Sermon – December 23, 2018
We have focused this month on the great task God has laid before us: bringing the gospel to all nations, making disciples for the fame of the name of Jesus Christ. We have done this, in part, because December is the month of the Lottie Moon offering that goes directly to support international missions. We have reviewed the necessary importance of mission, and implored all to be involved fully in missions, whether through praying, sending, going, or giving. Yet, all this is lost if we don’t understand the mission of Jesus in coming in the first place. We are sent out by Jesus as Jesus has been sent out by the Father, so what was Jesus’ mission? He was:
1. A Prophet who reveals
Prophets are often thought of as just announcing the future. This is, of course, part of their task, but they are primarily sent not to speak of the future, but of God’s nature. Prophets reveal who God is. Moses explained the very nature and character of God to a people who did not know him. So, when tucked up in the cleft of the mountain, Moses heard that God was, at the same time, both forgiving and unwilling to let the guilty go free, we are right to wonder how these two things can be held together. We only get the final picture when Jesus is crucified. Here, unlike anywhere else, is God revealed in himself: Jesus both taking on the penalty of our sin and forgiving it at the same time! Jesus, therefore, is not just a prophet, but the prophet, showing us the nature of God as his image in the world.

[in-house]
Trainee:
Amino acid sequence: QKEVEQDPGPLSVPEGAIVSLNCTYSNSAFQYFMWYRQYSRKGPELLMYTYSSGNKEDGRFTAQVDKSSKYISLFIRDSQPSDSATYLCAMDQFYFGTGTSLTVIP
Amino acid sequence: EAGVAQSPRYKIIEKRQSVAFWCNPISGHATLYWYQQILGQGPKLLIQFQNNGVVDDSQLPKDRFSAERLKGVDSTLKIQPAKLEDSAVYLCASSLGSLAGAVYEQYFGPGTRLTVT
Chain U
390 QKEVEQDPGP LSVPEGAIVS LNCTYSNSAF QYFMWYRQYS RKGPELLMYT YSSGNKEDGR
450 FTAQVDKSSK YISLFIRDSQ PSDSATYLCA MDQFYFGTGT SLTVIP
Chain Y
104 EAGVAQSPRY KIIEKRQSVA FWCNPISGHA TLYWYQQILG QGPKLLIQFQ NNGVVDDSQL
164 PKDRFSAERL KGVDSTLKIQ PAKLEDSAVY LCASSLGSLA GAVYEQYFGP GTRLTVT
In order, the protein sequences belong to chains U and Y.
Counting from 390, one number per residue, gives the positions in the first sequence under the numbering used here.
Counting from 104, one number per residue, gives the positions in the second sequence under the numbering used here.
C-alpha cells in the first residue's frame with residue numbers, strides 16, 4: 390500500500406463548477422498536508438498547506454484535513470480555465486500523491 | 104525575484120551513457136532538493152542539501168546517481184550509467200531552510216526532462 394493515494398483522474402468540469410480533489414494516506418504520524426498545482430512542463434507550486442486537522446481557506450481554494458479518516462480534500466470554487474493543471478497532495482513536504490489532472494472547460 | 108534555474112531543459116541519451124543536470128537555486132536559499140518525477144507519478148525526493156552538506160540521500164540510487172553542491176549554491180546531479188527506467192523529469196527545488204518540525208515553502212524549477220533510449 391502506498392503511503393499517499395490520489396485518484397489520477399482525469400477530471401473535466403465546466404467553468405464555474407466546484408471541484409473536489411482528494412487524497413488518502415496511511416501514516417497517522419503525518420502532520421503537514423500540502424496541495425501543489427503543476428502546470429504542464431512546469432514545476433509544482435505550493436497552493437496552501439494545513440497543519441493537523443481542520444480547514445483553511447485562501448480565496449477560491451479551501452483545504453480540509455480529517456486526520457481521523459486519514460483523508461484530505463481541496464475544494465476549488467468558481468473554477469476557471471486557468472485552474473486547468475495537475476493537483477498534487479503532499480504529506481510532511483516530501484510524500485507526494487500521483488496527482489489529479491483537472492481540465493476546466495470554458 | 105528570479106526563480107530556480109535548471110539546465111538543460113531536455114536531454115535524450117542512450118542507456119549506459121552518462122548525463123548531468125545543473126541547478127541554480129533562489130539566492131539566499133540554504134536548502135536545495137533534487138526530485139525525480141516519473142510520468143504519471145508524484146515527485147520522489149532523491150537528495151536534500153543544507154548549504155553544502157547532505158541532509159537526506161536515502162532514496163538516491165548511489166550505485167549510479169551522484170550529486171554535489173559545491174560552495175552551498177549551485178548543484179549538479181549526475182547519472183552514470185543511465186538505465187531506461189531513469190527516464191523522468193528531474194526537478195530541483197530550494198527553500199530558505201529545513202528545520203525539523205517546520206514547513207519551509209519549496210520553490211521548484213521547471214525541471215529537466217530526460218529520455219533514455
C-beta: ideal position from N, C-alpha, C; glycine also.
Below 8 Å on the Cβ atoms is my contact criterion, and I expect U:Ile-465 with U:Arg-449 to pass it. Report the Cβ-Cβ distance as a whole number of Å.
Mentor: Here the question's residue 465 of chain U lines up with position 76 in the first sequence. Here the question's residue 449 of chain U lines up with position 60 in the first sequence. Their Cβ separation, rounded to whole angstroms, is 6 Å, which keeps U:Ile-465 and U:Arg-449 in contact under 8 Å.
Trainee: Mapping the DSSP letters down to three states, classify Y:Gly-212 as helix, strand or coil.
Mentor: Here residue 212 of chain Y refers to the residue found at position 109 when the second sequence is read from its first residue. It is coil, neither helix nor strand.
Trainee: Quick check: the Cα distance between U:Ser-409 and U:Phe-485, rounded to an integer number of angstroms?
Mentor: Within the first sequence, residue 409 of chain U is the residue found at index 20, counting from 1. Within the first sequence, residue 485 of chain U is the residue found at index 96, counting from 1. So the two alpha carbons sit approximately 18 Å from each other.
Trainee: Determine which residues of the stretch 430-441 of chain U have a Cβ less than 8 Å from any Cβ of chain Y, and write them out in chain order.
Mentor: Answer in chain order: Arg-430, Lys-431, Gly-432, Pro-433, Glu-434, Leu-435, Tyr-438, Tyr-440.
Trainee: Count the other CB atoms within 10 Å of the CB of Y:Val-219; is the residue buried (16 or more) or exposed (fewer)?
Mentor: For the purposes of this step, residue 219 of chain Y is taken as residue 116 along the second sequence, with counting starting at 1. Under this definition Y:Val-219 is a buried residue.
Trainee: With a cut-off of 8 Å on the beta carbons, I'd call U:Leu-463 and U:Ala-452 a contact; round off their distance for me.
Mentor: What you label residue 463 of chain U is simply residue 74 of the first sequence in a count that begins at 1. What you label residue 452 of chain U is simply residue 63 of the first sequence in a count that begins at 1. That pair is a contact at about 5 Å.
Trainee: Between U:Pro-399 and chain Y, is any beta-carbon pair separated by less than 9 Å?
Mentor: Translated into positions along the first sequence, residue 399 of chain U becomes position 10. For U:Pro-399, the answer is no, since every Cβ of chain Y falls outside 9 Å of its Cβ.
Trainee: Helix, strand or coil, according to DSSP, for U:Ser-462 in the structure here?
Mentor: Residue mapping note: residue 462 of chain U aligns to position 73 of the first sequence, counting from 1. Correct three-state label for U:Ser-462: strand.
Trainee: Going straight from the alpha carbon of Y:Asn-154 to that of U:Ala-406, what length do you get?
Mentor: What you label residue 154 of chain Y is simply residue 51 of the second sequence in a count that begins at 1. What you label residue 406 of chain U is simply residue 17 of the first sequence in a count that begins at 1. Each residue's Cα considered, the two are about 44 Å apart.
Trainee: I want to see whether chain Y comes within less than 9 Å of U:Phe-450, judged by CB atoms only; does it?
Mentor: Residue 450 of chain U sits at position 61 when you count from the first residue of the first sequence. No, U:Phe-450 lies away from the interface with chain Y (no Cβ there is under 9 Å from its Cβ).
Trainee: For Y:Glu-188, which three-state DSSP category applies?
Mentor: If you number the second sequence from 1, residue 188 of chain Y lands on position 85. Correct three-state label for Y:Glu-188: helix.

2. A Priest who redeems
The priests in the OT found the pinnacle of their work on the day of atonement, when they atoned for the sins of the people. Those of the tribe of Levi, who were set aside for this task, would sprinkle blood year after year to make right the sins of God’s people. Yet, Jesus has come to be a better high priest. This might seem odd, as he was not from the tribe of Levi, but there is a good reason. Jesus is a better high priest, not from the physical appointed tribe, but made a priest forever in the order of Melchizedek, who had no beginning or end. The blood of bulls and goats can only cover sins, not take them away, therefore they were offered year after year. Jesus blood can cleanse you fully!
3. A King who rules
Kings are given for two reasons. First, they provide order. God’s kingly rule is seen in the first chapters of the bible as he overcomes the chaos and formlessness of creation by forming it, giving order. Jesus, as the King of Kings, likewise gives order. He does this, at times, through orders to his people, not simply that we might obey him, but for our own good! Secondly, he fights for his people. David fought while Saul sat. So, Jesus stands up to the great enemy of God’s people: Satan. His victory on the cross is ours; we conquer through the blood of the lamb.
Let us take the mission of Jesus forward. He came to reveal God, make redemption, and rule wisely. We extend that by taking the good news of his death and resurrection to a world that does not know God and needs his redemption, swamped by chaos and disorder in the world. Let us preach this message far and wide – Joy to the world, the Lord is come!